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Forum Home  →  Discussion  →  Children and childcare  →  Thread

Child Benefit could be abolished and subsumed into Universal Credit…

 

Paul_Treloar_AgeUK
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...at least that’s what I’ve just been reading in something from the Resolution Foundation.

The analysis shows that, as well as being worth less, Child Benefit is no longer universal. The effect of tapering it away once someone’s earnings reach £50,000, and the complete withdrawal once earnings reach £60,000, is that one in five families no longer receive Child Benefit in full. The analysis also shows that families with a main earner between £50,000 and £60,000 can face marginal tax rates of over 70 per cent, due to the tapering of CB.

The Foundation warns that if these thresholds continue to be frozen, CB recipients will soon be overwhelmingly concentrated in the bottom half of the income distribution. At that point it says, the government could abolish Child Benefit and subsume it in to Universal Credit, as there is no point having two systems of means-tested benefits for the same group of families.

I’d be rather more circumspect personally about giving this shower any bright new ideas myself….

40 years on from its introduction, future of child benefit in doubt as its value falls to record low

     
Vonny
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these 1 in 5 families are unlikely to be living in south-west Wales!

     
Elliot Kent
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I suppose the point is that if inflation continues and there continue to be no increases either to the ChB rates or the point at which it starts to be tapered, we will eventually reach a position where ChB is only of interest to people who are either unemployed or on very low wages. As we reach that point, it would eventually become sensible to roll ChB into UC - as the people who want ChB will pretty much all be getting UC anyway.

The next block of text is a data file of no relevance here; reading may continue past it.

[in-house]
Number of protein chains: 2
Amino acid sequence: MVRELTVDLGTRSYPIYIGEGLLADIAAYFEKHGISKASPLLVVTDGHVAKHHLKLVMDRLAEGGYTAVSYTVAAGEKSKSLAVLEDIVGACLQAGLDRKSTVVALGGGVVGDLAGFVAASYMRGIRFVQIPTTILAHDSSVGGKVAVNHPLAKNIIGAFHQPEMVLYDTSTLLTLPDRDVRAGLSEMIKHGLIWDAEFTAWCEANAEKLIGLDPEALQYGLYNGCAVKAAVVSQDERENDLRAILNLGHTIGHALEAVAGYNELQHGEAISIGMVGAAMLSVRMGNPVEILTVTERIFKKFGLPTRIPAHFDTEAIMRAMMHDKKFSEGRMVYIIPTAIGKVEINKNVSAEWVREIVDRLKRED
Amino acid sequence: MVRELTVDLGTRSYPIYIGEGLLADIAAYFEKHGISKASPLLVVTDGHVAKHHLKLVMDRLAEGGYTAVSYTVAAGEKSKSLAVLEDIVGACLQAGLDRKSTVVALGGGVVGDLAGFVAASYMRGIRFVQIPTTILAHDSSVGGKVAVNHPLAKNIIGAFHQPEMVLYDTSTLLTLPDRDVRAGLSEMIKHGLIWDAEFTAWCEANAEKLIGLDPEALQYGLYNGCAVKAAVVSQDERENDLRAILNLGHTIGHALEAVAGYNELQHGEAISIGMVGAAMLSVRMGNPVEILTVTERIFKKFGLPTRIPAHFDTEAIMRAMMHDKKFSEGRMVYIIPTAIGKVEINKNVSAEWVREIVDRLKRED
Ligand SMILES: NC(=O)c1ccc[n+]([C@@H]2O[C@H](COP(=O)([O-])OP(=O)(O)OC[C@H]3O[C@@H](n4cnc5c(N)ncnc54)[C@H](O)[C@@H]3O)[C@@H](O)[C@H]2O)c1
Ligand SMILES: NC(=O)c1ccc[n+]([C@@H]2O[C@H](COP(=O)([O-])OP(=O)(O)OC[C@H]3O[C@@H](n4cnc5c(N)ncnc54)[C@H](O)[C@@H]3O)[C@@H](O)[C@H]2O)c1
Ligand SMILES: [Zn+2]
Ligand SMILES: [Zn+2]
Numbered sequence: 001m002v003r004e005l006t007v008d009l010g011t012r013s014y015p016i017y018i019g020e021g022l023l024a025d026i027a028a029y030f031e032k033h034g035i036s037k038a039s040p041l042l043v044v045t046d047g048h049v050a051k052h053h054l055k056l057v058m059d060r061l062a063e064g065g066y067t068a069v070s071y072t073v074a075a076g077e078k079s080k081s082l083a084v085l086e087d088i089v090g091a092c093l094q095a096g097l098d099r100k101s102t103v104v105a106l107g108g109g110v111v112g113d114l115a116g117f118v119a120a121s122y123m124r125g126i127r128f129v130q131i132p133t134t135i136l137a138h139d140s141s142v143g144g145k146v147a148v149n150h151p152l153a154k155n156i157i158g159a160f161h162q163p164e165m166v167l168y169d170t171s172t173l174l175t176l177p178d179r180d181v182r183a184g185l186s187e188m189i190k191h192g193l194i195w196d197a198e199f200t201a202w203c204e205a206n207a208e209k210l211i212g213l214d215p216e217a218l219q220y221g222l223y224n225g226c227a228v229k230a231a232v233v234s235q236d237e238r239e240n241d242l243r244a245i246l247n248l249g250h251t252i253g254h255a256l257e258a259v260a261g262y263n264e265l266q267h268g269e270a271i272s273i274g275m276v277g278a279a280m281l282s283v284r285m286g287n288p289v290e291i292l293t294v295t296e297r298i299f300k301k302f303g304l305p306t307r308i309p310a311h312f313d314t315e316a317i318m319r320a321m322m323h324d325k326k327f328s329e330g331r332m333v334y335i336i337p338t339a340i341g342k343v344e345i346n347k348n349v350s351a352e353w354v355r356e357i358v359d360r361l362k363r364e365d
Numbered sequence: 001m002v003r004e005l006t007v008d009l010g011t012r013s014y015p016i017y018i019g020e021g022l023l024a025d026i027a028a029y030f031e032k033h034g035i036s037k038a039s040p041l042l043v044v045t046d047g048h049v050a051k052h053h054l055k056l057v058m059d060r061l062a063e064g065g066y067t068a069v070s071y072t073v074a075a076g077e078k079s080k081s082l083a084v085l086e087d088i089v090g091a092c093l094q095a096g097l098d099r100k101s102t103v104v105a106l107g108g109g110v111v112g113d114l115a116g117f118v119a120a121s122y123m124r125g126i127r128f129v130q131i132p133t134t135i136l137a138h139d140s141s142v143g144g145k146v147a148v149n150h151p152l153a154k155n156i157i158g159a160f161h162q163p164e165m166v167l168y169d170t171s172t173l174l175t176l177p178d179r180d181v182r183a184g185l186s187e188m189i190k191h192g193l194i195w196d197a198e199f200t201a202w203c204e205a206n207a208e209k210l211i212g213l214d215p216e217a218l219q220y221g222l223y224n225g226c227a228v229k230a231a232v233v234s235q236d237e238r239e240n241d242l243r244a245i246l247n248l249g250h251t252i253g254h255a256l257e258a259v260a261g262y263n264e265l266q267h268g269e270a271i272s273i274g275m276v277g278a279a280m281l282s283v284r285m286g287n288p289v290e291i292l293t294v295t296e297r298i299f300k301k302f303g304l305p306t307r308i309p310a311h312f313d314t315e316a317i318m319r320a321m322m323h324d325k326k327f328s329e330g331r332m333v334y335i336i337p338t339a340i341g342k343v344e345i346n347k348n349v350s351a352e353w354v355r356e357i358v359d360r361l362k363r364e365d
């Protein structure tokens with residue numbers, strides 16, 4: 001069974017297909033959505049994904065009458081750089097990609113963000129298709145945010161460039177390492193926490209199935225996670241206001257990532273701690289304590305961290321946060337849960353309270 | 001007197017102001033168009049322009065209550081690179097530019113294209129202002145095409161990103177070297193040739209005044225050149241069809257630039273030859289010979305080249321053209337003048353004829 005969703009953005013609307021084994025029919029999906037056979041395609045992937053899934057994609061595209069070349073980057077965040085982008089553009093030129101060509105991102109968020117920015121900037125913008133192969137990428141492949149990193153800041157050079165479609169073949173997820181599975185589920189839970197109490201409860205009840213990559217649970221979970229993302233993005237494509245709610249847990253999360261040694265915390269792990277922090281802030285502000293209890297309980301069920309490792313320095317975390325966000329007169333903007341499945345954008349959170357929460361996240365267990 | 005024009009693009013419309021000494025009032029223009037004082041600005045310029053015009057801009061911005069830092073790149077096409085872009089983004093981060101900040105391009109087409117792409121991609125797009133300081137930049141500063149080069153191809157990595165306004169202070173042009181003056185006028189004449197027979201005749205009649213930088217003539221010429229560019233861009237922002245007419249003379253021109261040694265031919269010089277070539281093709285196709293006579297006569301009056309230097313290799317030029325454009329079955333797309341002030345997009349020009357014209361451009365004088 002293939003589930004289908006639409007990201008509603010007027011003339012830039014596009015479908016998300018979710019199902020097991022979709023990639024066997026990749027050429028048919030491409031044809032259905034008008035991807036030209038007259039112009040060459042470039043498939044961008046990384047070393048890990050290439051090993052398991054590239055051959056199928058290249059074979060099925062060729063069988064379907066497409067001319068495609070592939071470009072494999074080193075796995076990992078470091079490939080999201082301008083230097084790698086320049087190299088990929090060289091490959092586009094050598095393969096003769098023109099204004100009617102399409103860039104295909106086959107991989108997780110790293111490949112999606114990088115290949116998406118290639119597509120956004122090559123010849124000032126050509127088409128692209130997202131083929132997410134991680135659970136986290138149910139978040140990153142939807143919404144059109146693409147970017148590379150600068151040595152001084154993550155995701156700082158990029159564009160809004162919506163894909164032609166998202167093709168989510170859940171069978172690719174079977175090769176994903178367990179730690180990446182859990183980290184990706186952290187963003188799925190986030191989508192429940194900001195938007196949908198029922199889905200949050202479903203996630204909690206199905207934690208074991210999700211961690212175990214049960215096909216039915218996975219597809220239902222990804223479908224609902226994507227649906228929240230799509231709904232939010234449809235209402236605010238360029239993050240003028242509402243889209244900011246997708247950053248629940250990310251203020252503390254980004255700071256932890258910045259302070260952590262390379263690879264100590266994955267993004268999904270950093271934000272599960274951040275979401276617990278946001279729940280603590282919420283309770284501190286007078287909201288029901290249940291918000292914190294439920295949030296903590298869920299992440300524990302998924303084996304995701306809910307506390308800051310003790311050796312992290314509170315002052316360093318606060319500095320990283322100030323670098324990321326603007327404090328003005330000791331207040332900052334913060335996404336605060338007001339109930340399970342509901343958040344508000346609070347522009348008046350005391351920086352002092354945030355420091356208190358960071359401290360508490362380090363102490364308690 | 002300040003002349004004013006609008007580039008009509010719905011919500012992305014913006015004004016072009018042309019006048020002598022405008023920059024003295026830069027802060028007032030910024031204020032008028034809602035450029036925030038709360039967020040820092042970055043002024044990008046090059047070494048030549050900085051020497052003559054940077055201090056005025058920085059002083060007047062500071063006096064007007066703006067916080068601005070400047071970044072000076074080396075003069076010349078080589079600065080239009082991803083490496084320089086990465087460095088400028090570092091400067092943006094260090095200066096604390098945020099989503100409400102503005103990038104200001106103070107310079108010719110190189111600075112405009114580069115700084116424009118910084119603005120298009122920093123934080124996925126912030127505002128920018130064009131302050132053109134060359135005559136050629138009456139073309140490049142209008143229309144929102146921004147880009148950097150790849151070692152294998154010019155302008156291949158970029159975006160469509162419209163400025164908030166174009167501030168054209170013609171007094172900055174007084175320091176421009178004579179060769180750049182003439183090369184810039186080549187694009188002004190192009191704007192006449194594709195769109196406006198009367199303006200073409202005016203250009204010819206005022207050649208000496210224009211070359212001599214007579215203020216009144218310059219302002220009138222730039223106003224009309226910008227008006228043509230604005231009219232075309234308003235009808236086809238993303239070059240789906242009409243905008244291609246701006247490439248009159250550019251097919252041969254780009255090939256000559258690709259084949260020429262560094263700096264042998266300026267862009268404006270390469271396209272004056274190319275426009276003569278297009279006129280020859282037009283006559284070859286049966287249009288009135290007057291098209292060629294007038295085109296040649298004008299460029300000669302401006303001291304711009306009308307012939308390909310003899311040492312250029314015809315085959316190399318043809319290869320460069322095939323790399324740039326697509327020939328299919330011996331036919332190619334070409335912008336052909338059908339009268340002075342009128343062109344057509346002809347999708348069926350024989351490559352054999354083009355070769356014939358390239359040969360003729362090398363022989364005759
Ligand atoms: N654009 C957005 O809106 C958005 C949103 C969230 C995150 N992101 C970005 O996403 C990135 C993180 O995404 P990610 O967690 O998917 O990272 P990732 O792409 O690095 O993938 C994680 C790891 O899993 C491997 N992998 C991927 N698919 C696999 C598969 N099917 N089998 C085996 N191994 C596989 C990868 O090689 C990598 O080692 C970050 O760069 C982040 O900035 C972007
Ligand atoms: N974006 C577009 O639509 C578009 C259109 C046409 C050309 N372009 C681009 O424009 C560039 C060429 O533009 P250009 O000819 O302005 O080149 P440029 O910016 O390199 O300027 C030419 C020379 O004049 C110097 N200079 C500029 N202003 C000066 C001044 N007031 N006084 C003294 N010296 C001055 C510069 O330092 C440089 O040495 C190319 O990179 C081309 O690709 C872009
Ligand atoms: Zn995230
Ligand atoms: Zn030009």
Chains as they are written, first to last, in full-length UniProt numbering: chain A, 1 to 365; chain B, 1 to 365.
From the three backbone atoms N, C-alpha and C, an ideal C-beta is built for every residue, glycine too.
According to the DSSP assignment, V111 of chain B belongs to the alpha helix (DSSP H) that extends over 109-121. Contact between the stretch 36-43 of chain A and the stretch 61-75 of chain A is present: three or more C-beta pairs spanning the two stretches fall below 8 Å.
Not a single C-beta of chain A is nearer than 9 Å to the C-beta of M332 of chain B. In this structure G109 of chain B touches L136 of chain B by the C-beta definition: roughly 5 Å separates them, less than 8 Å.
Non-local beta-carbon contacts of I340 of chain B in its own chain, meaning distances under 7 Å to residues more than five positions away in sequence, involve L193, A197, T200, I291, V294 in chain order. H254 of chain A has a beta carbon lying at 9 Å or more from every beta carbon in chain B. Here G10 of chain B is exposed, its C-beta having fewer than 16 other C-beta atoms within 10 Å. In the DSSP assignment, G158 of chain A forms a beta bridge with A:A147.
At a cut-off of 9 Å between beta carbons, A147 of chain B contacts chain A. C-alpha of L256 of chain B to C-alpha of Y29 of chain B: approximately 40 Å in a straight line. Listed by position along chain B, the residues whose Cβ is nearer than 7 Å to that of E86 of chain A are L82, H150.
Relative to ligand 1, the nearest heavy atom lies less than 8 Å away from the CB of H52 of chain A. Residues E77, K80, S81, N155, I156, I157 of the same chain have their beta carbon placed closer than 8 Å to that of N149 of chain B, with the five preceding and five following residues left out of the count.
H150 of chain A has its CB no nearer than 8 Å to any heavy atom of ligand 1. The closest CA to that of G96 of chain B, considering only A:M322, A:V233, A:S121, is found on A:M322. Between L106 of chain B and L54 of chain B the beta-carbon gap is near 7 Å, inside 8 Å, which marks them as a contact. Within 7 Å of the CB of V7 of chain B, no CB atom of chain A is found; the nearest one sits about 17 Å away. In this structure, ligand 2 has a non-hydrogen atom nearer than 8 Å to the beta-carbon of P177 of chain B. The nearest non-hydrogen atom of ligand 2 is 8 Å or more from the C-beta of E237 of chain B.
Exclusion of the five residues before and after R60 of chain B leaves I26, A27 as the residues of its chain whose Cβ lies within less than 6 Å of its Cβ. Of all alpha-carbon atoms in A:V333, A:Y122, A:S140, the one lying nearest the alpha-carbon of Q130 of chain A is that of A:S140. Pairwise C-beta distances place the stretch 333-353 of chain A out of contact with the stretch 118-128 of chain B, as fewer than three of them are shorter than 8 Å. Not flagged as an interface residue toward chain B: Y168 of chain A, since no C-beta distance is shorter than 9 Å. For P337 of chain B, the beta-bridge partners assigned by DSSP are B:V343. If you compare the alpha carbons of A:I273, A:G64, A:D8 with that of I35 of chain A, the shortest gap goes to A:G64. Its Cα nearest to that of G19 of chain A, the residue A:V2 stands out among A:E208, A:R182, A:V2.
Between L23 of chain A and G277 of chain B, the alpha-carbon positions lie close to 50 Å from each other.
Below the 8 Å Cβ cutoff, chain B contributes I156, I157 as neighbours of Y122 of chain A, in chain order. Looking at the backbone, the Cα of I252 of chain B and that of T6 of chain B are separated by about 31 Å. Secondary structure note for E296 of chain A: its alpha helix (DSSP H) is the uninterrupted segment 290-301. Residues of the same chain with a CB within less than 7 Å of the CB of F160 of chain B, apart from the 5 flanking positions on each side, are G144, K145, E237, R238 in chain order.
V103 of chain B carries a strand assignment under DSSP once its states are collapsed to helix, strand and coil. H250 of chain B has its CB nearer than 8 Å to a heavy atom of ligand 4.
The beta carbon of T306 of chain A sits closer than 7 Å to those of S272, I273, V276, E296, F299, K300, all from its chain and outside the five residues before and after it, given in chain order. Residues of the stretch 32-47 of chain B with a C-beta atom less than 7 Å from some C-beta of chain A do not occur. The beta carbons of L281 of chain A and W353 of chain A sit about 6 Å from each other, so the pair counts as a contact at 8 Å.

This position only really applies if there are no increases either in the rates of ChB or the income level at which a taper is applied between now and 2039. Either can be changed fairly easily by the government of the day. If we end up in a situation in 2039 where £50k is considered an average salary but benefits are still frozen at 2013 rates, we will be having bigger problems than the abolition of ChB.

The article does a pretty good job of showing how ChB has diminished in value but I’m not sure its really assisted by that point.

     
ClairemHodgson
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and the other point on the introduction of child benefit back in the day - it was generally the only bit of money the woman in the house could call her own if (as many did back then) it was the husband that controlled the finances.

     
Pete at CAB
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If it is eventually subsumed into UC would the two child limit then apply?

     
Mike Hughes
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ClairemHodgson - 02 April 2019 10:09 PM

and the other point on the introduction of child benefit back in the day - it was generally the only bit of money the woman in the house could call her own if (as many did back then) it was the husband that controlled the finances.

I am constantly surprised how much this very much remains the case.

     
ClairemHodgson
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Mike Hughes - 05 April 2019 03:08 PM
ClairemHodgson - 02 April 2019 10:09 PM

and the other point on the introduction of child benefit back in the day - it was generally the only bit of money the woman in the house could call her own if (as many did back then) it was the husband that controlled the finances.

I am constantly surprised how much this very much remains the case.

i’m not.

     
MartinB
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Paul_Treloar_AgeUK - 02 April 2019 04:19 PM

...At that point it says, the government could abolish Child Benefit and subsume it in to Universal Credit, as there is no point having two systems of means-tested benefits for the same group of families.


Other than when your UC or other benefits stops you would still have a source of income, to feed your children.

     
Sarah-B
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Abolish UC and reinstate Child Benefit as a Universal Basic Income for all children… that’s my personal view!